With all of the talk about job creation, we’re hearing more and more about encouraging big companies to quit stashing profits abroad, and bring them back home for investment. The contra, of course, is the potentially onerous U.S. income tax burden on businesses which would slice off a large portion of those profits before the first dollar is put to work.
So Congress has been kicking around the idea of providing a “repatriation” holiday to temporarily solve the problem – H.R. 1834, the Freedom to Invest Act of 2011 was recently introduced, to allow for a U.S. corporation to deduct dividends received from a controlled foreign corporation for a one year period, beginning on the date of enactment.
A similar measure has been introduced in the Senate – S. 1671, the Foreign Earnings Reinvestment Act, which would further provide incentives for companies to use repatriated earnings to increase payrolls, among other things.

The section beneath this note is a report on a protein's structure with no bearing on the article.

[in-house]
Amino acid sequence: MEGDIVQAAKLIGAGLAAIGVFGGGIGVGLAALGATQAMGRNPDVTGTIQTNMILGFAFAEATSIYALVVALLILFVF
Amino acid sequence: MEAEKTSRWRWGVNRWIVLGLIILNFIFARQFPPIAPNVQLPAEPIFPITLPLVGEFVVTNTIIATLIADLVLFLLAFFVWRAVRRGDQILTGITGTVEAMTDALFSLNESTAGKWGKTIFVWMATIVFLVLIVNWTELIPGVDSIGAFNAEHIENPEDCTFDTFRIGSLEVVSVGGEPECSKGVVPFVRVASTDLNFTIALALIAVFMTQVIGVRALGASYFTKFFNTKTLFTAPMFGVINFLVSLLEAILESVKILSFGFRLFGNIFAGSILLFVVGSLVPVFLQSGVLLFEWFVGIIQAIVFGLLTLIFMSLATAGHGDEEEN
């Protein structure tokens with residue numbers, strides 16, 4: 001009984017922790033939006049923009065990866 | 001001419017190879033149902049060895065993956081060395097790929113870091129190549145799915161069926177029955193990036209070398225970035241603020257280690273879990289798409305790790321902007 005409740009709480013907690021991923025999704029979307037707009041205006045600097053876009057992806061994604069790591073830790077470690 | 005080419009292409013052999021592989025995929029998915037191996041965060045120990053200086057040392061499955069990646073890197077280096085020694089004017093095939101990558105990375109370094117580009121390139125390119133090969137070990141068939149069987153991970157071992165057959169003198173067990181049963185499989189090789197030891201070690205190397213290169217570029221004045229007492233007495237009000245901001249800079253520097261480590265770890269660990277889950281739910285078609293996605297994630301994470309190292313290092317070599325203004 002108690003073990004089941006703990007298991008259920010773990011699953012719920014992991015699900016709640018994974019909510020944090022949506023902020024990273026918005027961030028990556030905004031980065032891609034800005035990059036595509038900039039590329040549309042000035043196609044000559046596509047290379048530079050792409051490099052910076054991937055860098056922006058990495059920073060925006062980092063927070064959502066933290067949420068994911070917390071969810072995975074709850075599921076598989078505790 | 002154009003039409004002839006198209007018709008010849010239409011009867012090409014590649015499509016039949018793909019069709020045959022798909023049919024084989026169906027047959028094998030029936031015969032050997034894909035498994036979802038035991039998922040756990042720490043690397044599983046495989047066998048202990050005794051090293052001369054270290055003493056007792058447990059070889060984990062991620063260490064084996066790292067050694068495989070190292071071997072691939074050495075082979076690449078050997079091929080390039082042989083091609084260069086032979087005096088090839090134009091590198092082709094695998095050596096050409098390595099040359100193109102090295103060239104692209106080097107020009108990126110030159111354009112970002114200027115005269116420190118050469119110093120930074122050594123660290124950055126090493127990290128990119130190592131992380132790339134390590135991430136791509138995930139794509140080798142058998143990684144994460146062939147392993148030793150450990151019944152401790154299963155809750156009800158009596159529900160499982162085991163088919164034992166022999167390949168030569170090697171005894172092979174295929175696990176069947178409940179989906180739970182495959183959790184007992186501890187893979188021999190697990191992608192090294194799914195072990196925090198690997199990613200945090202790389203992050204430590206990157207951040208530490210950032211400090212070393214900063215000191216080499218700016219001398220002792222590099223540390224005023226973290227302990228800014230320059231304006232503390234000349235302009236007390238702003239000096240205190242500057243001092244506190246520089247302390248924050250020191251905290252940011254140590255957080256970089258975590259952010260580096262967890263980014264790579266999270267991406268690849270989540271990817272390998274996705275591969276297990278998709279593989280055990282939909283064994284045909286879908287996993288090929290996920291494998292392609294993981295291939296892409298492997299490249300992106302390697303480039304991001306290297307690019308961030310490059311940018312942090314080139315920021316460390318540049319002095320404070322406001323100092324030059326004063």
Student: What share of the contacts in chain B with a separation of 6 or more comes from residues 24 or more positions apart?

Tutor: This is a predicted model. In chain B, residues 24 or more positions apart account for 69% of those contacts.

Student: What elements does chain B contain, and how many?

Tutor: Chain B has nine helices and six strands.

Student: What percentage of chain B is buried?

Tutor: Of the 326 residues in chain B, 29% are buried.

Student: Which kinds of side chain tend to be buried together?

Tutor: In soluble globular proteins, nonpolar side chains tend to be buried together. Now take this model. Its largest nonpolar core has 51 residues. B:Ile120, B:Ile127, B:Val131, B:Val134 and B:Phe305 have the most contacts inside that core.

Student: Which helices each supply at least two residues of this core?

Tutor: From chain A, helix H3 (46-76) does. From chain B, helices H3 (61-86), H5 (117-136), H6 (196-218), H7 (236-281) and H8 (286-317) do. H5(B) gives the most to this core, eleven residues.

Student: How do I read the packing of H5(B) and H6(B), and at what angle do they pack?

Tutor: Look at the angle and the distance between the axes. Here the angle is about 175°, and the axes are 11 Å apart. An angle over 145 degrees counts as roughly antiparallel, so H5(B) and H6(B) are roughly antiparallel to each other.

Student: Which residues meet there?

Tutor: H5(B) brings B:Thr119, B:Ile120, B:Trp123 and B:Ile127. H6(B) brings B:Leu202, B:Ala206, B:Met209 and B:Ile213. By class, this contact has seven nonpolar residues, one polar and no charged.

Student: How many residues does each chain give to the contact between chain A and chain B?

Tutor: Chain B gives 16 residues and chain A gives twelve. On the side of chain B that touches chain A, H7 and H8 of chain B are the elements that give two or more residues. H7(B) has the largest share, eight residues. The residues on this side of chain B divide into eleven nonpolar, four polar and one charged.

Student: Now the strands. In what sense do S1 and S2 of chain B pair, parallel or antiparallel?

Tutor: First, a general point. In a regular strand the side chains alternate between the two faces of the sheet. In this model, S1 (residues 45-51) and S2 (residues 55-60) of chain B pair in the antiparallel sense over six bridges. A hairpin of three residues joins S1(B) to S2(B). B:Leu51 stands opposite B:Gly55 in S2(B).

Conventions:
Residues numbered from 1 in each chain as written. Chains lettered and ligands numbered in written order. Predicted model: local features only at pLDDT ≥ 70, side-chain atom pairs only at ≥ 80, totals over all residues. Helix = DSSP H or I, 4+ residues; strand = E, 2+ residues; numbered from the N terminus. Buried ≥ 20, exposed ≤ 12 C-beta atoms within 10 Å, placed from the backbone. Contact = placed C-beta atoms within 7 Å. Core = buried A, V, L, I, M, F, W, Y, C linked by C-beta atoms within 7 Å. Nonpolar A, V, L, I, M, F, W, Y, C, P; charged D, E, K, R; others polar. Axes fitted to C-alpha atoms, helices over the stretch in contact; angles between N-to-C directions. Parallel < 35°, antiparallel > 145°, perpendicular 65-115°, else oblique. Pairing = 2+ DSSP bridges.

As usual, of course, the sentiment to move forward in this manner is far from unanimous. A recent report issued by the Democratic staff of the Senate Permanent Subcommittee on Investigations says that the 15 companies which benefited the most for a similar 2004 program actually cut more than 20,000 net jobs, and decreased the pace of their research spending. The report cited the 2004 program as “a failed tax policy” that cost the U.S. Treasury $3.3 billion in estimated lost revenues over 10 years!
“There is no evidence that the previous repatriation tax giveaway put Americans to work, and substantial evidence that it instead grew executive paychecks, propped up stock prices, and drew more money and jobs offshore,” according to Senator Carl Levin (D-Mich). “Those who want a new corporate tax break claim it will help rebuild our economy, but the facts are lined up against them.”